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Entries in moral valuing (9)


Anscombe's Antidote

According to Duncan Richter in his book, Anscombe's Moral Philosophy, her position on what is good behavior boils down to this: There are certain states of affairs to do with human beings (being a human) which are part of the nature of humankind. That is, they represent practices, institutions, ways of being in the world that are part of what it means to be human. Those acts that are morally good will be seen to express, reflect or be consistent with those human activities and institutions. Given her strong religiosity (she was a committed, practicing Catholic) she holds that these natural human propensities are part of God's plan for mankind and so consistent with what God wants for us. Therefore, to abide by them is to conform with God's will. But we do not do them because God commands it. Moral actions (or ethical behavior, since she rejects the notion of "moral" as inappropriate for our age -- a period in which we view the divine differently than mankind once viewed it) is thus to be consistent with God's will but not necessarily to act out of the desire to obey.

Anscombe thus rejects a morality based on duties. To have duties implies some kind of adverse repercussions for failing to obey them but moral claims (perhaps "ethical" claims better captures her view here) have no such consequences in and of themselves. That is why we can act immorally if we like, with impunity (other than some prospect of a judgment visited upon us in the afterlife which not everyone will grant even though everyone is presumed morally assessable in this life). Duties imply commands and an enforcer who punishes deviance from those commands. To suppose one has duties without the possibility that one can suffer adverse consequences for specifically failing to fulfill those duties is to render the very notion of duty empty. Richter doesn't maintain that Anscombe rejects the idea of duty per se though . . .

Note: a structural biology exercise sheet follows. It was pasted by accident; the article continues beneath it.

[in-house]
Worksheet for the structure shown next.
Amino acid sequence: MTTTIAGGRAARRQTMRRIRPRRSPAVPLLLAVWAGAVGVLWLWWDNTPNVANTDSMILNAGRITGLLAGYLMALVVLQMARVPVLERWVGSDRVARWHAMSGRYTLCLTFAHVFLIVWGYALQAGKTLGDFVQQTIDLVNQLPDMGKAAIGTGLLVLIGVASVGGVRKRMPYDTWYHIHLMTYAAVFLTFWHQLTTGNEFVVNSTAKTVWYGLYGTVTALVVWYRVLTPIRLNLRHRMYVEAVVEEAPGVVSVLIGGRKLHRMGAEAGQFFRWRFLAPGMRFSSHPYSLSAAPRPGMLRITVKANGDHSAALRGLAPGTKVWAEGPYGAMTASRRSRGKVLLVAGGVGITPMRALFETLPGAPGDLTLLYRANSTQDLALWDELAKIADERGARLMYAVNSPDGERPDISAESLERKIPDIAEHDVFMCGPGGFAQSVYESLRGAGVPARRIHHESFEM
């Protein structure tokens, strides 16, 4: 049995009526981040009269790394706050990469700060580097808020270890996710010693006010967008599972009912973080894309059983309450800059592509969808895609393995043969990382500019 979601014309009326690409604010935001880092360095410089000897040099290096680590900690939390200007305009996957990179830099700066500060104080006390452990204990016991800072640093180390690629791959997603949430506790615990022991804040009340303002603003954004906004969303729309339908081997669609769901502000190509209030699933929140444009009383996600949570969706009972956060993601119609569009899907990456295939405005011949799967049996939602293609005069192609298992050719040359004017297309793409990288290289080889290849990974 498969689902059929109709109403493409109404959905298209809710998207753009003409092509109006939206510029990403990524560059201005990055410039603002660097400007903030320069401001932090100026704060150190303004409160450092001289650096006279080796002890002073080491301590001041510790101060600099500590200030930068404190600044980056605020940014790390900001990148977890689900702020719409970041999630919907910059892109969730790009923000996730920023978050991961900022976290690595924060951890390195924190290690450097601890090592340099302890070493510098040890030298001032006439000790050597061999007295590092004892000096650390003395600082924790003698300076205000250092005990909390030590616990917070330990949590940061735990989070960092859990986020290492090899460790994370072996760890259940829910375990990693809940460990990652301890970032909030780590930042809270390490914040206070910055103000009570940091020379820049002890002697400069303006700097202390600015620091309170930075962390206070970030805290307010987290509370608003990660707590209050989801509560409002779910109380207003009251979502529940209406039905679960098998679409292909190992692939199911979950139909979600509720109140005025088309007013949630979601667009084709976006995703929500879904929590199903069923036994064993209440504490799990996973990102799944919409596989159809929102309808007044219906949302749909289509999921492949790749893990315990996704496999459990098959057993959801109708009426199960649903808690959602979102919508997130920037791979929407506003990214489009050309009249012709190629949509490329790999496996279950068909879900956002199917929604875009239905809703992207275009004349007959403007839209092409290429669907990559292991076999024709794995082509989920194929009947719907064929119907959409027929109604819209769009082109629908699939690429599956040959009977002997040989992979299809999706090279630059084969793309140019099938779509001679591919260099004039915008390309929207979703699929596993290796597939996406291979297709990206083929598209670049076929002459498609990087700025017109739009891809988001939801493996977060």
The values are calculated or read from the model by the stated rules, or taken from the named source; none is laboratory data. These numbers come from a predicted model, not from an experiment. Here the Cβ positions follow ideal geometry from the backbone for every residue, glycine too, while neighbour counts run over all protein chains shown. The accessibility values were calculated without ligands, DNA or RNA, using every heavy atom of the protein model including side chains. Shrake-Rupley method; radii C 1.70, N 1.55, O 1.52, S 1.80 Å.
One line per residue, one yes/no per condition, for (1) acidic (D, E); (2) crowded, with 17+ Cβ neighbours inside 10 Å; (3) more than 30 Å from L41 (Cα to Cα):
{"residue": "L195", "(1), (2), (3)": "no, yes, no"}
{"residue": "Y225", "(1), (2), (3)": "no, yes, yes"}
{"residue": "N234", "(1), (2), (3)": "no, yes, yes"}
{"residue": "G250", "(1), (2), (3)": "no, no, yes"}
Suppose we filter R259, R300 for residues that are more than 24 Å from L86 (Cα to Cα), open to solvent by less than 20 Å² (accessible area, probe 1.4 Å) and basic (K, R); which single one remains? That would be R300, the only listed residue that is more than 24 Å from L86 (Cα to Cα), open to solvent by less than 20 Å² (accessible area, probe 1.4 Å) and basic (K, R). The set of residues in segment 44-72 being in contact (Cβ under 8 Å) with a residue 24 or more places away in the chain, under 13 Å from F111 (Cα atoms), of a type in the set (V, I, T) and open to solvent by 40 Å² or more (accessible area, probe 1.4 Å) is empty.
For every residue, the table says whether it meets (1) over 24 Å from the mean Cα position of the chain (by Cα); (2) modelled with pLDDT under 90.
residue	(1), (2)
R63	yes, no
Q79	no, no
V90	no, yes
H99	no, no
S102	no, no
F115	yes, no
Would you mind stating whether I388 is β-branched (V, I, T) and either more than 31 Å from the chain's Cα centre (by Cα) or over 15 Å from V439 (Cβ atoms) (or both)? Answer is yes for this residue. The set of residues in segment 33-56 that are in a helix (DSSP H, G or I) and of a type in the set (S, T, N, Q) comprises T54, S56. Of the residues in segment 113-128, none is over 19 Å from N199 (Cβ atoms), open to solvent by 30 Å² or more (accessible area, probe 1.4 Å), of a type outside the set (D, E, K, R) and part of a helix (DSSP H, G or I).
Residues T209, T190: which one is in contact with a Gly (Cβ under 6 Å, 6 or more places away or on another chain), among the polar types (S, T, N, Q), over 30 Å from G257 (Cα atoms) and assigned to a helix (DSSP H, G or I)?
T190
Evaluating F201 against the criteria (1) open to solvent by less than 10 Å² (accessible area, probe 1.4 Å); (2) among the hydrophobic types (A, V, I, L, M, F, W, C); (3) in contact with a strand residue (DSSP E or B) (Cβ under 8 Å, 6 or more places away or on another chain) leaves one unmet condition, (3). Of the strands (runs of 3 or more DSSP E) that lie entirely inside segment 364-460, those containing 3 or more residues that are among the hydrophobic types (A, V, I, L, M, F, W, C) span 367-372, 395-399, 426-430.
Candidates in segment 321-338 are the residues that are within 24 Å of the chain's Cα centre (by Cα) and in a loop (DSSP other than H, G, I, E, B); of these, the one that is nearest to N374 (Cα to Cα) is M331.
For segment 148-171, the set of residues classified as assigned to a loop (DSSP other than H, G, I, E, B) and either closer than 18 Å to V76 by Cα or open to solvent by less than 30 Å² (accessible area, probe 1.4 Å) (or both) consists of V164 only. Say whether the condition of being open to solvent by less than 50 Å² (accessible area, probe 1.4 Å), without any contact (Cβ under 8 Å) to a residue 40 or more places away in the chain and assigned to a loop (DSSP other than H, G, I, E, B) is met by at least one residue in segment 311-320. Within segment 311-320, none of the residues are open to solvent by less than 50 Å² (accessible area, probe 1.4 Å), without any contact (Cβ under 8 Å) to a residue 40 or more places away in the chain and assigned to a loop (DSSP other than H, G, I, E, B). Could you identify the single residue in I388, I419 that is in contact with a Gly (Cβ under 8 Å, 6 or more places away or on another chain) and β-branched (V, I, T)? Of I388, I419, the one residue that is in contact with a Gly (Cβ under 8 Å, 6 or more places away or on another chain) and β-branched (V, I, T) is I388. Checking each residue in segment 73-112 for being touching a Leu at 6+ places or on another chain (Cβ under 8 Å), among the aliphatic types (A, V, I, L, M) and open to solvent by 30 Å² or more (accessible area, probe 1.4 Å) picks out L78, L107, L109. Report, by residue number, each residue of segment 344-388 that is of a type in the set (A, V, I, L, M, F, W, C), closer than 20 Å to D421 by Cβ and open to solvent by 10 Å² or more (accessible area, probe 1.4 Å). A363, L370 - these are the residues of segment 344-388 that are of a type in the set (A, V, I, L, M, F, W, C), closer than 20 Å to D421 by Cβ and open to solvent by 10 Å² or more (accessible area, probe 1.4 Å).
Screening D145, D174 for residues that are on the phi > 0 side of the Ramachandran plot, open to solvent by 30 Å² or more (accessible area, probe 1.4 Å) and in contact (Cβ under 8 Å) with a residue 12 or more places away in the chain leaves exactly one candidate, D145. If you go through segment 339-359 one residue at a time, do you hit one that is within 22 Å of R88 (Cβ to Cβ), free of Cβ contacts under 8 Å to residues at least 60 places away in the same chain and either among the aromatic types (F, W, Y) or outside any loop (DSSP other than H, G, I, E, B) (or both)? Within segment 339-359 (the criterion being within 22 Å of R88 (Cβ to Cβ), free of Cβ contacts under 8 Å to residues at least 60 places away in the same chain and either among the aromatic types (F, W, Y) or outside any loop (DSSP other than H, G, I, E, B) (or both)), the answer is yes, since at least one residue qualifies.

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Empathy and Reasons

This is a very preliminary draft which I expect will require a lot of revision. It's also longer than my usual offerings here which aren't especially short in general anyway. I also diverge here from the typical Wittgensteinian path I usually follow and verge, dangerously, on a kind of existentialist incoherence. I hope to fix that in a later iteration. But for now I've decided to put this up on the list anyway . . . in case anyone here shares my interest in trying to understand and explain how moral valuing works.

Wittgenstein pointed out that the search for justifications, for reasons, ultimately comes to an end. We can only dig so deeply and then, as he put it, our spade is turned. We can go no further. But valuing is a reason-giving game since in making any ascription of value we do so with reasons in mind. Not to have reasons leaves us without a basis for valuing the thing at all – in which case, even if our spade is turned at some point, it cannot be turned here, within the valuing game itself, or that game must collapse. Without the reasons we give others and ourselves – which reflect comparisons of different things, of different options, of different possibilities – value cannot be ascribed. Reasons are the explanations we give ourselves and others when called upon to justify what we do. . . .

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